Thursday October 26 2017

Will computer power displace humans, or empower them?  Will computers unleash mass-unemployment or create a world of new jobs for everyone?  Is humanity about to be divided into the indolent masses on the dole, and the lucky few who control the now human-workerless means of production?

Here‘s a guy who is quite optimistic. 

When most people think of robots, they picture an R2-D2-like droid, providing critical information to assist humans and courageously rescuing them from dangerous situations. While we are, in my view, decades away from having robots that can function like a “Star Wars” character due to the limitations of artificial intelligence, a new class of robots that are mobile, dexterous, and capable across multiple operational regimes will soon be available to augment human performance.

This will happen through a combination of human intelligence with machine strength and precision. In this symbiotic relationship, the multi-tasking robots rely on humans for direction while simultaneously safeguarding them from dangerous environments and tasks. These robotic “guardians” are the future of work on Earth and, yes, in space, too.

Peter Thiel also believes that computers and humans will complement one another.

Think power steering, but a hundred times more versatile:

We are at a point in history where decades of research and development coupled with ever-improving technological performance and lower component costs are combining to make yesterday’s science fiction a reality. Imagine a machine that is your personal proxy, controlled by you, leveraging your intelligence, knowledge, instincts, intuition, and judgment while able to physically perform in the same manner as your own body, but safely, and with super-human strength, endurance, and precision.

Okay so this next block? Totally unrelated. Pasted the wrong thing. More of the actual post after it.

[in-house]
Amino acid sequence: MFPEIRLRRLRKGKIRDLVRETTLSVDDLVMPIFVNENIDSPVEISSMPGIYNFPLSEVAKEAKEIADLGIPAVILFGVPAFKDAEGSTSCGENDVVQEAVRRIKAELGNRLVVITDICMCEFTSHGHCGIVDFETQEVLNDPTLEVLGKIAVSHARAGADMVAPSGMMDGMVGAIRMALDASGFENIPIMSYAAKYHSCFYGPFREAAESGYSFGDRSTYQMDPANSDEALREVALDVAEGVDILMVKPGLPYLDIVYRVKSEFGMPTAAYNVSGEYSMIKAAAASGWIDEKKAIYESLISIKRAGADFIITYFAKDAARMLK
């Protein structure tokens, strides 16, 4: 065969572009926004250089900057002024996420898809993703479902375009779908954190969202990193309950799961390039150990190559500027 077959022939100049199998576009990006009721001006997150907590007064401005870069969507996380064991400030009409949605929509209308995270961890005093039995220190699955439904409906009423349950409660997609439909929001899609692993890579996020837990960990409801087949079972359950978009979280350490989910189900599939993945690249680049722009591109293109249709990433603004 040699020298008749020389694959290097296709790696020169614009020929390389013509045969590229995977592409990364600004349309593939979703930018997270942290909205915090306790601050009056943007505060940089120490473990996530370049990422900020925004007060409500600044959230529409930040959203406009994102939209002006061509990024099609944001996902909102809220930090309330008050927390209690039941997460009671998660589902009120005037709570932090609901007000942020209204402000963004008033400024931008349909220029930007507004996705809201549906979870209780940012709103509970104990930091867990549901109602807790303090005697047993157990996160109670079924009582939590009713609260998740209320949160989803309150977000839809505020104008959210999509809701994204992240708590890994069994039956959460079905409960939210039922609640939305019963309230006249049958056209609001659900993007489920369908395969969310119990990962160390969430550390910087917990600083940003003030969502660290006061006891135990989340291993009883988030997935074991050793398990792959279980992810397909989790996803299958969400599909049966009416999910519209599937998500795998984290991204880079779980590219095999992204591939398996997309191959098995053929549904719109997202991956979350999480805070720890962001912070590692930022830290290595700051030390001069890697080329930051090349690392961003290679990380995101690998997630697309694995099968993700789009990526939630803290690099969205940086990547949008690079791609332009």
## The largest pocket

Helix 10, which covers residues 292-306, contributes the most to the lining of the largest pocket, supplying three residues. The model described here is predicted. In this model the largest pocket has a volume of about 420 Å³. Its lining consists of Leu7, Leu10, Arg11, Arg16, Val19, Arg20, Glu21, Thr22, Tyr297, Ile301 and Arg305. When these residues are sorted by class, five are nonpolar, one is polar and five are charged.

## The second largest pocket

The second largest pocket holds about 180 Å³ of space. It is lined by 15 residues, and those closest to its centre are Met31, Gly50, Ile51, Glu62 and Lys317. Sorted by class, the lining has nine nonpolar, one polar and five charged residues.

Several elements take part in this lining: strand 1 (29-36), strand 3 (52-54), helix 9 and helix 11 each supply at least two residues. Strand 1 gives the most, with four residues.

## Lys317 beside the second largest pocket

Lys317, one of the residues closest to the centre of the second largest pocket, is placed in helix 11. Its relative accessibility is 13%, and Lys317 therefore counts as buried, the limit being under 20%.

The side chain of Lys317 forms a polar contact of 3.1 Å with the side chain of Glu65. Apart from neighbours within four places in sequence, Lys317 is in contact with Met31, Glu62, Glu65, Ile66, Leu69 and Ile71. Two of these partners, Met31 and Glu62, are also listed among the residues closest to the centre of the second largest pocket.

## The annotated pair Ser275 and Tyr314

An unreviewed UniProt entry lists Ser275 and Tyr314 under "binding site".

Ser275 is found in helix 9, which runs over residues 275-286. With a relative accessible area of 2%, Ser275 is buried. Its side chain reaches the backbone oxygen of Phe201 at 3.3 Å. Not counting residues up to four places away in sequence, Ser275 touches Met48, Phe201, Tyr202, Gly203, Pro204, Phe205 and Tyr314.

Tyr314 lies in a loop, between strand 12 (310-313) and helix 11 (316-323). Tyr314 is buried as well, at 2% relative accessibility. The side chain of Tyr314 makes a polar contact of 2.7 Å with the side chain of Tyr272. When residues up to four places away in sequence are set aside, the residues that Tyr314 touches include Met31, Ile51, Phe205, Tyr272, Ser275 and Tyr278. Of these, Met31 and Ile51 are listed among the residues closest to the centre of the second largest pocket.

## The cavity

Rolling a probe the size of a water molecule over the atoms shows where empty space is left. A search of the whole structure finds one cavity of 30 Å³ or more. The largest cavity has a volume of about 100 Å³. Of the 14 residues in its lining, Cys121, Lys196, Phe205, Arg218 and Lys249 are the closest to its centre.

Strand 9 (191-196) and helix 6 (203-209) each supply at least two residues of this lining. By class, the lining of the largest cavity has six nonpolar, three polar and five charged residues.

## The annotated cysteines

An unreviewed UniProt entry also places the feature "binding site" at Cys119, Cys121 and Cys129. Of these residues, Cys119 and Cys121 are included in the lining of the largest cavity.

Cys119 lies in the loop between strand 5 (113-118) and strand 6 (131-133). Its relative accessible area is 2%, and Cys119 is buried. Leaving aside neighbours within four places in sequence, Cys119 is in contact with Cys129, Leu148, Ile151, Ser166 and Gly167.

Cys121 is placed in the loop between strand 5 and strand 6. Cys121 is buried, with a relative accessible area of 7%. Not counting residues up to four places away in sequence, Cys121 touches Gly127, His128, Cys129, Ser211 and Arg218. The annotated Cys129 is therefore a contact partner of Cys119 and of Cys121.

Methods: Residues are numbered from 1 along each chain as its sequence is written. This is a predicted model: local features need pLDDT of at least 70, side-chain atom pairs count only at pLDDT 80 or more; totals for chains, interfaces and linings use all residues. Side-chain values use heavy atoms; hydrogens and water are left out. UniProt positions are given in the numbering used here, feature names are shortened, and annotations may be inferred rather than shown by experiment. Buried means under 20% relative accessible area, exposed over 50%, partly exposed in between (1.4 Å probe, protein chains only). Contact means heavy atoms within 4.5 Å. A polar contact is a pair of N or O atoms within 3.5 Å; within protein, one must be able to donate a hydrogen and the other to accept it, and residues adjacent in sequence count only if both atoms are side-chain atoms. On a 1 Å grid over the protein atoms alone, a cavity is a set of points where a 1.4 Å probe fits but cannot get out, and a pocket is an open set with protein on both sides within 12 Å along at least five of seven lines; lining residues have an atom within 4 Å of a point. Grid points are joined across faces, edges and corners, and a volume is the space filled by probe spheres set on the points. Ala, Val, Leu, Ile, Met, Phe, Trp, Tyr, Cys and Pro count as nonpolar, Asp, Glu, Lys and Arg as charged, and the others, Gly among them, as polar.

I’m optimistic about The Robots because every time they make a leap forward, they will do it by doing one particular thing a lot better.  That means that all sorts of new projects make sense that didn’t before, but each new project demands the services of a hoard of humans, to tidy up after, install, mend, and generally look after the robots, in their latest manifestation.

But, humans will have to be adaptable.  Abandon jobs that the robots have learned to do, and get new jobs doing things that the robots will need doing for them. Robots now make much of the world’s stuff, but there are still lots of shelves the stuff gets put on that it makes sense to have humans do, and because of the robots, there are more shelves with more stuff than there used to be.

I look at the world and I do see “technological unemployment”, but I also see people busily doing jobs that didn’t previously exist.

Rob Waller is doing a talk at my place, on the last Friday of November about the robots and all that.  He gave a talk about this earlier, which I was unable to attend.  But the title of that talk, together with the hints he’s already given me, all make me expect him to be optimistic also.